JOLIET — Jarrett Payton, professional athlete and son of football legend Walter Payton, gave a little history lesson Thursday at Joliet Township High School.
“For some of you young kids out there who might not know who my dad was, my dad was the greatest player to ever play the game of football,” he said.
Hundreds of freshmen erupted in cheers and applause in the West Campus auditorium. It was an inspiring sight, given that Walter Payton retired in 1987, before any of these students was born. The Chicago Bears running back was inducted into the National Football League Hall of Fame in 1993, also before any of these freshmen was born.
The students were very young when Walter Payton died in November 1999.
Nevertheless, Jarrett’s history lesson stuck, and the freshman crowd gave him round after round of applause Thursday.
They laughed at his jokes; they listened to a song, played on YouTube, that the younger Payton wrote for his father and family; and, at the end of the presentation, a couple of students even got to dance with him on stage.
Payton came to Joliet West on Thursday to discuss another kind of history — the life stories of these freshmen.
His message to them was simple: These four years are big years. Enjoy this time, study hard and build friendships.
Payton listed his own football accomplishments — particularly at the University of Miami and for the NFL’s Tennessee Titans. However, he emphasized his own high school days at St. Viator in Arlington Heights.
“I’ve played in national championships, I’ve played for the World Bowl Championship, I’ve played in Tennessee. But the one thing that I think about the most is high school,” he said. “I think about my last game in high school. We lost against Marmion Academy in the first round of the playoffs my senior year.”
Specifically, he compared his college years to high school: “We beat Nebraska (in the 2001 national championship). And then we lost to Ohio State the next year in the Fiesta Bowl. But I still think about high school. I still have the same friends from high school. This is the time when you really, really start to shape yourself and you get to know who you are as a person.”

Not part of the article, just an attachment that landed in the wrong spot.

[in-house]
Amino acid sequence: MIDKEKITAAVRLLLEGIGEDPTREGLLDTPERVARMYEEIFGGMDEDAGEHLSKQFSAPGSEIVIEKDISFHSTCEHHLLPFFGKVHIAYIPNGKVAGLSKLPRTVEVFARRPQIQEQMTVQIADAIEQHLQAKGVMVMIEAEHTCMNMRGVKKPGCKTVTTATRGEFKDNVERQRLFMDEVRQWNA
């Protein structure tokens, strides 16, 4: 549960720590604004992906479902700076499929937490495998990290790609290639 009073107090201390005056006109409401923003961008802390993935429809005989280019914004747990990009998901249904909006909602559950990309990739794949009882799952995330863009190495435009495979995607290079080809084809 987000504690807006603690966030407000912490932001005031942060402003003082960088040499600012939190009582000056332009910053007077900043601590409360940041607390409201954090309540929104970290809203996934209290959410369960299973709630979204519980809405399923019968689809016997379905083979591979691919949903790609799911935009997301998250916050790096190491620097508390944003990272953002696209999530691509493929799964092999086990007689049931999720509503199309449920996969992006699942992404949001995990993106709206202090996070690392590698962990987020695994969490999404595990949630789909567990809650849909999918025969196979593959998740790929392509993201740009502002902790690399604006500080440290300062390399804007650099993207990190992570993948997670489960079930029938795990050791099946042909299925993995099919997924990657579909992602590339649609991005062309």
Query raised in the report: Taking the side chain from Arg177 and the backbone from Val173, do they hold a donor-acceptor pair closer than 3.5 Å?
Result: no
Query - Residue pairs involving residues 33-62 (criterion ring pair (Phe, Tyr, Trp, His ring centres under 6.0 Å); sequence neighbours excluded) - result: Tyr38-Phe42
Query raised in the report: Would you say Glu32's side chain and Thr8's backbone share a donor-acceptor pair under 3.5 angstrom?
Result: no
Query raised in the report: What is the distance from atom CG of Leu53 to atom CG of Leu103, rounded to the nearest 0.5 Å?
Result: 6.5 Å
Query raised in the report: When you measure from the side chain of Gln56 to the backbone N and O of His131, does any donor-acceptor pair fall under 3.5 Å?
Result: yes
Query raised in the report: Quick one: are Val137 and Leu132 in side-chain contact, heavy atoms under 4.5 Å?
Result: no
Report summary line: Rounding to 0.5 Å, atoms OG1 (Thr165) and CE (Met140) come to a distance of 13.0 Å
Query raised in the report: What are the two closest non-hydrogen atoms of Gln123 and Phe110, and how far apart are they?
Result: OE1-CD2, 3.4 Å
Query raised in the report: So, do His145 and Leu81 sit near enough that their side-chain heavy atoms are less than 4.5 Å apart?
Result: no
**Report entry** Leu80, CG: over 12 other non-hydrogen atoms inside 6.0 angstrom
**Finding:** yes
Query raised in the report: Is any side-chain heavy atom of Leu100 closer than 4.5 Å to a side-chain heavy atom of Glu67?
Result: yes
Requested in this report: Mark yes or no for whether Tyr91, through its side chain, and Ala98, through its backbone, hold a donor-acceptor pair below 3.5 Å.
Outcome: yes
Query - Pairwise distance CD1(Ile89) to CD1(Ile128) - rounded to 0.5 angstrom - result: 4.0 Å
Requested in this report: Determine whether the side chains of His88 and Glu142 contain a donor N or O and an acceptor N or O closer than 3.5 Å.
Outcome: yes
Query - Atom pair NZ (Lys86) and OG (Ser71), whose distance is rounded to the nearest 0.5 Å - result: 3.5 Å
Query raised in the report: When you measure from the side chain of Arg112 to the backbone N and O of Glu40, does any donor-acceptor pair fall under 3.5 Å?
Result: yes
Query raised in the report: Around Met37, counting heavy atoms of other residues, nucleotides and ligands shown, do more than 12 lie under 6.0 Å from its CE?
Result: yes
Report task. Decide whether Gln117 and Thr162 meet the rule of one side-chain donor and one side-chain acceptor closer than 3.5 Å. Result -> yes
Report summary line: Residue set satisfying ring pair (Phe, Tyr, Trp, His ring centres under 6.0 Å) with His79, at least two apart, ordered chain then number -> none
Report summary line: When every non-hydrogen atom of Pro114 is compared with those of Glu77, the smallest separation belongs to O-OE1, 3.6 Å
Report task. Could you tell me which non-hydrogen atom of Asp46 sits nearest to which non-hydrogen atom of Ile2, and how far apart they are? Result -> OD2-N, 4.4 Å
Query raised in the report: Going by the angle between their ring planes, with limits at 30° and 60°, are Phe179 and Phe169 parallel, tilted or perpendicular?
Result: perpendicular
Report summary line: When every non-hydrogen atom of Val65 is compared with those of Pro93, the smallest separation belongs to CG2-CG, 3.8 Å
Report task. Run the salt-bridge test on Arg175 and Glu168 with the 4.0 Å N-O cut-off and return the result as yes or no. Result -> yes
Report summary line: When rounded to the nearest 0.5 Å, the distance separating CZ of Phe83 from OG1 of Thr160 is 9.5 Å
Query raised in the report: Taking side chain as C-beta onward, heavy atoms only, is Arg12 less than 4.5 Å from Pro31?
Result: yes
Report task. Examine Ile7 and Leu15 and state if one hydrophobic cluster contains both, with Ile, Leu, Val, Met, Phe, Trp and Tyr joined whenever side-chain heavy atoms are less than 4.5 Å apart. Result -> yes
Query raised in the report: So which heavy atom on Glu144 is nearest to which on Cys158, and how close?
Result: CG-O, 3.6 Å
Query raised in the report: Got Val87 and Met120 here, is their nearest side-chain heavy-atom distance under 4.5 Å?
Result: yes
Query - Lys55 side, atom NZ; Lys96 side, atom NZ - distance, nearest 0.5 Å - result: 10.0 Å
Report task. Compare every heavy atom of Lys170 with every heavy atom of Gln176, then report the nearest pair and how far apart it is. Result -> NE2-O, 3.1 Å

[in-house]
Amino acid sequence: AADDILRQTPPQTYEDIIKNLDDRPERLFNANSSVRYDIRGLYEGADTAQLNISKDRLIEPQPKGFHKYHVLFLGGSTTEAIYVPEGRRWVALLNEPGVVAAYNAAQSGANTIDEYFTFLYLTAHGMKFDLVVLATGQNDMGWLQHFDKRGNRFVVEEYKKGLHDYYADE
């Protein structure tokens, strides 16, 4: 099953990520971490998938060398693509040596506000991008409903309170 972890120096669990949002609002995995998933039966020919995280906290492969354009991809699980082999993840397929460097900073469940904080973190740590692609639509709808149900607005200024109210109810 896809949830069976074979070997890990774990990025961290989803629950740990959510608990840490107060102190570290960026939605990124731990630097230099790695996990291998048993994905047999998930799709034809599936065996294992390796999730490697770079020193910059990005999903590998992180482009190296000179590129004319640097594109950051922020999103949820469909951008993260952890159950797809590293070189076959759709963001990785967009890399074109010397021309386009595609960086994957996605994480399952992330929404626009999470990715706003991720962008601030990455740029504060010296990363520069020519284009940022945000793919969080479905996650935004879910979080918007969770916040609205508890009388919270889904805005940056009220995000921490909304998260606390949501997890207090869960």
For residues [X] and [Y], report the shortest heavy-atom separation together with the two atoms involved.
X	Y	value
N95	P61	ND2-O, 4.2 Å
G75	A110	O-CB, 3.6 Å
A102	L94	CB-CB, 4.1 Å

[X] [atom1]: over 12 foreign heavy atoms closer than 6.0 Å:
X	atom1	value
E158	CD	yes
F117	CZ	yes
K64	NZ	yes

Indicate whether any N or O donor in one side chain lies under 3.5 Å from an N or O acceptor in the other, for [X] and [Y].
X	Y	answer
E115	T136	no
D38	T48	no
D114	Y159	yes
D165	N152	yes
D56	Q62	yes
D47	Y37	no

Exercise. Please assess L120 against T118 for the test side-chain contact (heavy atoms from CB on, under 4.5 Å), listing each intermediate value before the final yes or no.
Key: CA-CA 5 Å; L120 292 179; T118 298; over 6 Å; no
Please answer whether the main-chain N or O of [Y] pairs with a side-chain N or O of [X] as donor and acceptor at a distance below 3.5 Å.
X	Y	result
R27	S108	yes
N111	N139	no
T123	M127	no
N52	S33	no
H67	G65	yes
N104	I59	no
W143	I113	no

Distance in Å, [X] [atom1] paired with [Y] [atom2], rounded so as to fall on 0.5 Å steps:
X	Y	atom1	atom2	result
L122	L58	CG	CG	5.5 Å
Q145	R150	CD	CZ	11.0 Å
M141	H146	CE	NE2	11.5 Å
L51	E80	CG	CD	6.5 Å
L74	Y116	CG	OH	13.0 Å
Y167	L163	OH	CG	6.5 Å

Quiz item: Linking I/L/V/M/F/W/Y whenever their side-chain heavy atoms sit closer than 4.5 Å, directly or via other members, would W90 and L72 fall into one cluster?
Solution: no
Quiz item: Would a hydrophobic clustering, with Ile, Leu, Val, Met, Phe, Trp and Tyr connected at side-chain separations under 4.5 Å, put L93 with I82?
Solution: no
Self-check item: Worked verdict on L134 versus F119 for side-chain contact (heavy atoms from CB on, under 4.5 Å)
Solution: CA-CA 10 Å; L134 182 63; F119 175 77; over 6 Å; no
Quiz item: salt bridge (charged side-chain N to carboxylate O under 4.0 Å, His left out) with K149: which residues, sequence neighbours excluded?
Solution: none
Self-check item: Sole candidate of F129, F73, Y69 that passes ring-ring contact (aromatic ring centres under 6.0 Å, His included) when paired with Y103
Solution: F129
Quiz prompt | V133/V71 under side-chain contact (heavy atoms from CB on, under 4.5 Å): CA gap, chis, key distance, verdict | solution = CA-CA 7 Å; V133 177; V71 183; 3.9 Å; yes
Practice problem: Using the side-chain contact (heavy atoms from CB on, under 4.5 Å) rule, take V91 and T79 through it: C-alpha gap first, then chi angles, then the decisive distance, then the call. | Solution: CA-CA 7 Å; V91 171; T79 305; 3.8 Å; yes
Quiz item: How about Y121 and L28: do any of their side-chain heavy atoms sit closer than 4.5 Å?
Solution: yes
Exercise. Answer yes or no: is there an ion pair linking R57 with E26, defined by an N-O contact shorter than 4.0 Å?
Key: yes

“Don’t take it for granted, because it goes by so fast,” he said.
Freshman Jordan Siebers said, “He knew what he was talking about. He wanted us to be successful. He didn’t want us to be put down by what other people think of us.”
Freshman Ismarie Deeter’s favorite part of the speech was Payton’s tribute to his father as the greatest football player ever. He also credited his father for not pushing him to play football. Jarrett played soccer till his junior year in high school, when he switched to football.
“My dad understood; he loved anything that I loved,” he said.
Jarrett also emphasized the importance of academics.
“It doesn’t matter what your last name is. It doesn’t matter who you are. It really doesn’t matter how much money you have. The biggest thing that it comes to, when you’re at this age right now, is your education,” he said.
Payton declined to comment on the controversial new book written about his father. “Sweetness: The Enigmatic Life of Walter Payton,” by Jeff Pearlman, alleges that Walter Payton had extramarital affairs and told friends he wanted to kill himself.
After the presentation, Payton commended the Joliet West audience. He recalled the moment when he filmed the crowd screaming and cheering. He was here to motivate them, but their energy caught him as well.
“To be able to be around kids — they inspire me,” he said.